A Spot of Tea
During my summer internship in London, I remember walking through the streets of Bath with my flatmates who decided to spend the afternoon wearing semi-period garb (so we looked like Jane Austen characters).We walked along cobblestone streets, found antique shops along the way selling old-yellowed lace, all on our way to a graveyard behind a tiny church where we later stopped for tea at an adjoining cafe. And on that day, my obsession with tea, Jane Austen and graveyards was set in stone.
See photos of my favorite loose teas in Facebook Album: Spot of Tea
Every time I travel to a new country, I buy their tea--whether it is indigenous to the area or a favorite from another another country. Last time in Granada, Spain I bought their version of a local "Turkish Tea" (See photo) with lovely strawberry bits and vanilla undertones. Granada is a wonderful place to buy tea-their Moorish history and exports provide an awesome array to choose from.
That is not to say that all my tea leads came from such exotic places. A friend of mine from Seattle turned me on to my favorite Masala Chai Tea from Tea India (See photo)-which I can find in my hood in Murray Hill (Kalustyan's-123 Lexington Ave).
As for my tea of choice -the tea I drink while watching Masterpiece Theatre, Ang Lee's Sense and Sensibility, and every single BBC period film (Yes, I am this pretentious in real life-although I like to call it romantic) is still Earl Grey Tea. In the Fall of 2008, while the stock market crashed here, I was staying in the Marais in Paris. I savored every last bit of food on that trip (some great shawarma places in that hood-bread-croissant, cheese) before getting back to the States and the chaos. I also found my favorite tea Apothecary-Mariage Freres and their Earl Grey French Blue (see photo).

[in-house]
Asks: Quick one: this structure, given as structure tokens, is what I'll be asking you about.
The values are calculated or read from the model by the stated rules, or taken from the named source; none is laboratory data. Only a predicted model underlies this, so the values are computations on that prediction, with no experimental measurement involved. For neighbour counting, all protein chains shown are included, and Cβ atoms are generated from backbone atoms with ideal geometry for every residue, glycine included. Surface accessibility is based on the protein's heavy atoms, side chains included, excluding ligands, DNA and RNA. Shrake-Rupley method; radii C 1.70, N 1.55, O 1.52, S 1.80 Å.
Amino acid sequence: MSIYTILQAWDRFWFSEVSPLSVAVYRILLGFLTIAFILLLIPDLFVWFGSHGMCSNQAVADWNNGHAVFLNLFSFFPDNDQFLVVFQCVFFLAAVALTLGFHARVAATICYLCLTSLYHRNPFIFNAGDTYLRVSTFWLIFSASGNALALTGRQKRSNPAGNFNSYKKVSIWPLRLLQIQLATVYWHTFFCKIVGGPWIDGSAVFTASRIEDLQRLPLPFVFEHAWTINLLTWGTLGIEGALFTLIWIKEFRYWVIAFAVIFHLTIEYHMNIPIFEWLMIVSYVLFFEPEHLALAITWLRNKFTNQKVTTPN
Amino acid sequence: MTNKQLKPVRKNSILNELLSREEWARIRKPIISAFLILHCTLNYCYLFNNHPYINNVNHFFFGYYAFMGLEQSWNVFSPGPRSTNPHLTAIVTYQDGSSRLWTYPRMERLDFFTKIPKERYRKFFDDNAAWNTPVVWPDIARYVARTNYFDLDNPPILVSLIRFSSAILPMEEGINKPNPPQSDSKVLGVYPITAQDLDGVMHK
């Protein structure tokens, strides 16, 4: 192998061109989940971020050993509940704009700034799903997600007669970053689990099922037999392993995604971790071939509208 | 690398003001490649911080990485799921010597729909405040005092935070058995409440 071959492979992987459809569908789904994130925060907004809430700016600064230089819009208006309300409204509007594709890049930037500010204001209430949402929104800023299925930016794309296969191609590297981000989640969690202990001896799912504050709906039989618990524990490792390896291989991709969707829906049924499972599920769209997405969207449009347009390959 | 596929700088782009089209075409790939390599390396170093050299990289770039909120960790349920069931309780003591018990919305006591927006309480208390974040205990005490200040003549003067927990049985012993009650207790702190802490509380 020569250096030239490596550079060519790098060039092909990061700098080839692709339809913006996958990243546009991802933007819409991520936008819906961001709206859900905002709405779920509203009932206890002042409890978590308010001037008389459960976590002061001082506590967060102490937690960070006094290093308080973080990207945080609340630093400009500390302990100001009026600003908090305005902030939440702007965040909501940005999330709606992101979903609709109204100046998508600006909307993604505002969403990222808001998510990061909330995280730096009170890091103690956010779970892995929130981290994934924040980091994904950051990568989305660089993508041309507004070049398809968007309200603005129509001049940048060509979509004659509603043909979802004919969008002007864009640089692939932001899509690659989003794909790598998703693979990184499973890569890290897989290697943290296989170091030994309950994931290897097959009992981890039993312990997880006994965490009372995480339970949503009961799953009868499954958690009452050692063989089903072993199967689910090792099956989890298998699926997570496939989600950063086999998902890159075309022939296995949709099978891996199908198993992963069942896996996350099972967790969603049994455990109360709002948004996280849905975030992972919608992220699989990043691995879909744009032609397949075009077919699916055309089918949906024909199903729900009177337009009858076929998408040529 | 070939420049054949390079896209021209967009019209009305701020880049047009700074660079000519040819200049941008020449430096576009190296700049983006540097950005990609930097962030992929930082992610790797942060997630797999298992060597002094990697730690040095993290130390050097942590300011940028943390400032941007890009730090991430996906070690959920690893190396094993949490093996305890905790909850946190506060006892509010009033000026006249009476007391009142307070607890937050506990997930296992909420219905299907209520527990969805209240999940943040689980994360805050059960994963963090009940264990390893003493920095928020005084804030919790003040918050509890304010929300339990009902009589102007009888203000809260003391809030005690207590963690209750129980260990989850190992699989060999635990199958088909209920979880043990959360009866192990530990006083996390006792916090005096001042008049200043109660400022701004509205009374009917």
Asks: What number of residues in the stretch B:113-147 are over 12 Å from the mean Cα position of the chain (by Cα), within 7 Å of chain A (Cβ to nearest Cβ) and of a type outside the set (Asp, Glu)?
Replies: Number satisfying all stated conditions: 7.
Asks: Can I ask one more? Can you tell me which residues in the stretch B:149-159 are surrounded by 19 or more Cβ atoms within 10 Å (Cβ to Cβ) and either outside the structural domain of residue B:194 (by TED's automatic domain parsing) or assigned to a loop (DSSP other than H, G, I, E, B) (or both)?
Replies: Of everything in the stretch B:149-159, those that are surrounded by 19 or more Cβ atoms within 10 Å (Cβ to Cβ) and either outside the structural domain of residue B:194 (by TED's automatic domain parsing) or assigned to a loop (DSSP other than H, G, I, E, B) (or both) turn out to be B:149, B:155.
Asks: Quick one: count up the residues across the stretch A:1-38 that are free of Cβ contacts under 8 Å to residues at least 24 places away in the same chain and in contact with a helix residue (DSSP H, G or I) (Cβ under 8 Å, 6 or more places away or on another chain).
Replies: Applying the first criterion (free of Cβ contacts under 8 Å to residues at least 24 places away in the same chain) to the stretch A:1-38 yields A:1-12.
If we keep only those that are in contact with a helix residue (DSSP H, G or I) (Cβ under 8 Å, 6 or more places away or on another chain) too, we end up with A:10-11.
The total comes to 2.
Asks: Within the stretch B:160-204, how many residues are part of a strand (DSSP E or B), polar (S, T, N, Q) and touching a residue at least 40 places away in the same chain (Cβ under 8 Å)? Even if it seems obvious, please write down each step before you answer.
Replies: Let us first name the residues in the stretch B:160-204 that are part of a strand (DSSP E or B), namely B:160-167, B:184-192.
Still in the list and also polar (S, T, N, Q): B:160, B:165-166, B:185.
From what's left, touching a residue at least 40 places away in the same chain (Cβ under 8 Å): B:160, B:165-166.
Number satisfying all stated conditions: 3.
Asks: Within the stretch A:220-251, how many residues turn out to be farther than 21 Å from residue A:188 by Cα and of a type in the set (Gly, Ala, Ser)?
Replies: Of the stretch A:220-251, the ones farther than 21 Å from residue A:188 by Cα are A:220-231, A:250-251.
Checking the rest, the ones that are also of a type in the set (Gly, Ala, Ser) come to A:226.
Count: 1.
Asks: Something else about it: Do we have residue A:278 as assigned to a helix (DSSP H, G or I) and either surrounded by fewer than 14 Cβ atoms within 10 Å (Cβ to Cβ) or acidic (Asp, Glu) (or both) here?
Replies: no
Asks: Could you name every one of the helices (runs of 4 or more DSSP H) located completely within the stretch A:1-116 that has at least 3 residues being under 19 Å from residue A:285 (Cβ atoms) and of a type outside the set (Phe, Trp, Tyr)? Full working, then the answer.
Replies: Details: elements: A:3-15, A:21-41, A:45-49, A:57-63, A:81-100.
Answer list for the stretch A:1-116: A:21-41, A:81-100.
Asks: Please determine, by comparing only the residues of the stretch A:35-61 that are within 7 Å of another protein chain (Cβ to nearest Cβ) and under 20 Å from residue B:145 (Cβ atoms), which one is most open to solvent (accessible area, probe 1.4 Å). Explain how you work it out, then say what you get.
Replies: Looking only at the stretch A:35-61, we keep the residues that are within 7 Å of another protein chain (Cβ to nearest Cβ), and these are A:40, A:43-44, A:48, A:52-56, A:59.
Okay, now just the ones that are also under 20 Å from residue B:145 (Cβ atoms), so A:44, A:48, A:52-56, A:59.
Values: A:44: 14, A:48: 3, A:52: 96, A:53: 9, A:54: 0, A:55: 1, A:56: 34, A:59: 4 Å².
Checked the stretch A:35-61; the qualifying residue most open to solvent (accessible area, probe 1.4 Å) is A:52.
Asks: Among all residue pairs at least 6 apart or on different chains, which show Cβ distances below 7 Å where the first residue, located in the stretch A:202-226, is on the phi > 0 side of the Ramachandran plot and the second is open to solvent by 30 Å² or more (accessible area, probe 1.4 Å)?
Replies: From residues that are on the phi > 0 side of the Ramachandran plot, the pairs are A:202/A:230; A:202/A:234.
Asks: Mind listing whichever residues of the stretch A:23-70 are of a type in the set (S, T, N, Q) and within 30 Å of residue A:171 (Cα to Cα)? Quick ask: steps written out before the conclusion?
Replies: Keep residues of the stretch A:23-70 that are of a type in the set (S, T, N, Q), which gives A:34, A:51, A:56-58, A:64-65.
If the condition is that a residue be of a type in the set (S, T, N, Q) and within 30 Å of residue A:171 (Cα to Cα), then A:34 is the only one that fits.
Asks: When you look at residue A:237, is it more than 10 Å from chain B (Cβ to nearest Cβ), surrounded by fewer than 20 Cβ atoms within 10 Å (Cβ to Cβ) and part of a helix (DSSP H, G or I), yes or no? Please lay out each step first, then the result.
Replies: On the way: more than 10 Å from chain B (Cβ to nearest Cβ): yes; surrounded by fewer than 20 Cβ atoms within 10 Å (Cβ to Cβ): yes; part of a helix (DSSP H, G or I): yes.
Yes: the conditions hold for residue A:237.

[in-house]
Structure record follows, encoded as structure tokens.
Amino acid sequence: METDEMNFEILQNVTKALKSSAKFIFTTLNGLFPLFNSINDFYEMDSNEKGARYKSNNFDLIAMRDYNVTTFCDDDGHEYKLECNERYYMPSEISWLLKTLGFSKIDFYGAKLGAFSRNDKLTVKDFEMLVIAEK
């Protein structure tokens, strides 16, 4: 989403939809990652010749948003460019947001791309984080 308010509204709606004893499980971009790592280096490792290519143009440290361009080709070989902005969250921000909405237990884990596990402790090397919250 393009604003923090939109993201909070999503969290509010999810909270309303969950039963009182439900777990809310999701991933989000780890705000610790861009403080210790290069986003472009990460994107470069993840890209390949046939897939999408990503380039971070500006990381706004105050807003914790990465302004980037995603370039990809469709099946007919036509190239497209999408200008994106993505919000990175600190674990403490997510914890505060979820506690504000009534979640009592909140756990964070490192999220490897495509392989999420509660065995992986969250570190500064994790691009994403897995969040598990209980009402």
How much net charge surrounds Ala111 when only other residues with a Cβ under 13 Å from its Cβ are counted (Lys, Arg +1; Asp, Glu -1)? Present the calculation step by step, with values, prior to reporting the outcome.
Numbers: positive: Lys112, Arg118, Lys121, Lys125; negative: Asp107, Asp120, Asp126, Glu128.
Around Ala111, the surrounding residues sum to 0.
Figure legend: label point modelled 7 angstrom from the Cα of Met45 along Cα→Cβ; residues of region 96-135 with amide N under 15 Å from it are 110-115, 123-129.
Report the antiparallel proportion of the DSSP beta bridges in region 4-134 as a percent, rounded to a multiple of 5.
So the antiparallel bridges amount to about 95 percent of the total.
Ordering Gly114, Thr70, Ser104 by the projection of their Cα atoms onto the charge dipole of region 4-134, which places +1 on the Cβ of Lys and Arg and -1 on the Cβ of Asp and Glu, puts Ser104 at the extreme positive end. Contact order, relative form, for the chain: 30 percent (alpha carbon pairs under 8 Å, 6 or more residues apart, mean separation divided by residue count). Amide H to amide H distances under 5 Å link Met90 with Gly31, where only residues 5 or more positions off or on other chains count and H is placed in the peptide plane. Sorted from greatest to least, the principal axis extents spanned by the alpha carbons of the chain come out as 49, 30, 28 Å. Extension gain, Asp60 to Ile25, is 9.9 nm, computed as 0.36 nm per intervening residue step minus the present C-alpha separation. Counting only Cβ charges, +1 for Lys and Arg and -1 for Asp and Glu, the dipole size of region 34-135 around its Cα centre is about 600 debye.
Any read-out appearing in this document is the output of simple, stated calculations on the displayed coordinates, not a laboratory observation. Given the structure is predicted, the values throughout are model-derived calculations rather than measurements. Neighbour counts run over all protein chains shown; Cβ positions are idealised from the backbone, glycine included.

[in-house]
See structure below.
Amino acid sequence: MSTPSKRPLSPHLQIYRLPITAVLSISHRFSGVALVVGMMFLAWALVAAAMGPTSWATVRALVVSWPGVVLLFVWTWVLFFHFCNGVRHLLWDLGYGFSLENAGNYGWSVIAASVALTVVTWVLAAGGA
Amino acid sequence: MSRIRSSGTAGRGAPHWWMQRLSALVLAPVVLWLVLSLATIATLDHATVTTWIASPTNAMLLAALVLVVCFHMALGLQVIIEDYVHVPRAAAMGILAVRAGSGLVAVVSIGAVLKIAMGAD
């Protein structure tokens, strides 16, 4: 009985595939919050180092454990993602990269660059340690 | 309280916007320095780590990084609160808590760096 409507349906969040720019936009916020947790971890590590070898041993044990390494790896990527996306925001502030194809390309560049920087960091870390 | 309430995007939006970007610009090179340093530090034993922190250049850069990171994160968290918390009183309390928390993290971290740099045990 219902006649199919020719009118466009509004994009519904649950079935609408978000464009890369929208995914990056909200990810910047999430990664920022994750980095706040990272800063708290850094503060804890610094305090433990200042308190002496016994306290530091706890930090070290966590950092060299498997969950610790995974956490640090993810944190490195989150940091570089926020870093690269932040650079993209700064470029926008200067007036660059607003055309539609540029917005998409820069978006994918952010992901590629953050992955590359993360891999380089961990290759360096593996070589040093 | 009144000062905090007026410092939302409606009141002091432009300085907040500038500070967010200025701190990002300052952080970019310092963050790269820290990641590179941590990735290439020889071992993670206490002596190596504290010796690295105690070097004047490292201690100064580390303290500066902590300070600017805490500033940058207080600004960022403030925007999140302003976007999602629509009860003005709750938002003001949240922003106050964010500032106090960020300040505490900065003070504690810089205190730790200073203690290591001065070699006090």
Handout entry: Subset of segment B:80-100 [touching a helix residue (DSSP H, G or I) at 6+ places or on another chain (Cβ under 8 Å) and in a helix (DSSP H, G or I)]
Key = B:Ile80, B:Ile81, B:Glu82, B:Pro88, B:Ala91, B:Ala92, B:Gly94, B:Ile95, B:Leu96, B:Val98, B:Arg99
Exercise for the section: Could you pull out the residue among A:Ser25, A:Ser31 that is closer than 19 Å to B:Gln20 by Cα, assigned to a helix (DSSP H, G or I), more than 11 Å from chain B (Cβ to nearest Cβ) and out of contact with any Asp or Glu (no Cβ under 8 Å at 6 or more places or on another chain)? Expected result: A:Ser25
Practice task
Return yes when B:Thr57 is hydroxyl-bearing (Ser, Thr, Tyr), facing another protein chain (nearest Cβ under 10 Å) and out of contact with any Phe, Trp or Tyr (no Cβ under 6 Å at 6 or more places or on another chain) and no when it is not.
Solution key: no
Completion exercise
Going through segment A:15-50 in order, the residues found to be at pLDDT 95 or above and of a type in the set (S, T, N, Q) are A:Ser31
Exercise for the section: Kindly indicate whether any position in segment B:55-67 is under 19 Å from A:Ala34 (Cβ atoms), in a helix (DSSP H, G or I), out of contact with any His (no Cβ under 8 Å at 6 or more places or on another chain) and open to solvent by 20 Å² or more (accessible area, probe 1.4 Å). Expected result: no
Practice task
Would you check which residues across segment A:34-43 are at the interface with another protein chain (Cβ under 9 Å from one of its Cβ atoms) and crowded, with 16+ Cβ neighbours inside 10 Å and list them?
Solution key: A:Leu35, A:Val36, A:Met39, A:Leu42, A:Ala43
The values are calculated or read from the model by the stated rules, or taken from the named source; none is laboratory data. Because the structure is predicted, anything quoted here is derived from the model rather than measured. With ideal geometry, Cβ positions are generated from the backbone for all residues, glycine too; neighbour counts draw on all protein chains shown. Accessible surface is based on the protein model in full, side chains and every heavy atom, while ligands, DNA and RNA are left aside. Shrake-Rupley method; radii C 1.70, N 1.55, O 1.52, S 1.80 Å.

Earl Grey's distinctive aroma comes from the oil extracted from the rind of bergamot orange (found in Calabria, Italy)-all roads always lead to Italy for me! It is a black tea blend and can come in other variations like Lady Grey-which can be blended with either lavender or Seville oranges. French Earl Grey usually includes rose petals.
How to Drink it: Let your tea steep for 5 minutes. Check out this steeping chart from Mariage Freres. I prefer loose leaves-and while milk is not generally recommended with citrus teas-I do use a hint of cream. The perfect pairing is some nutty shortbread, biscotti or a croissant and of course scones-like the pumpkin scone form Alice's Tea Cup.
Although, as of late, some trendy uses for tea are as infusions for broths, cocktails, ice cream, baked goods, rice, meat and even ricotta!
Some less expensive choices that are wonderful:
Harney & Sons-Earl Grey Imperial-$10.99
Bigelow Earl Grey Tea-$3.99
Black tea is high in antioxidants, creates a thermogenic effect in the body via caffeine which is a slight metabolism booster. Watch the caffeine-- it still has between 50-90 mg per cup-so up your water intake to not get dehydrated. Tannins in all teas bind to calcium so don't count the milk you put in your tea as calcium for the day-the same goes for coffee.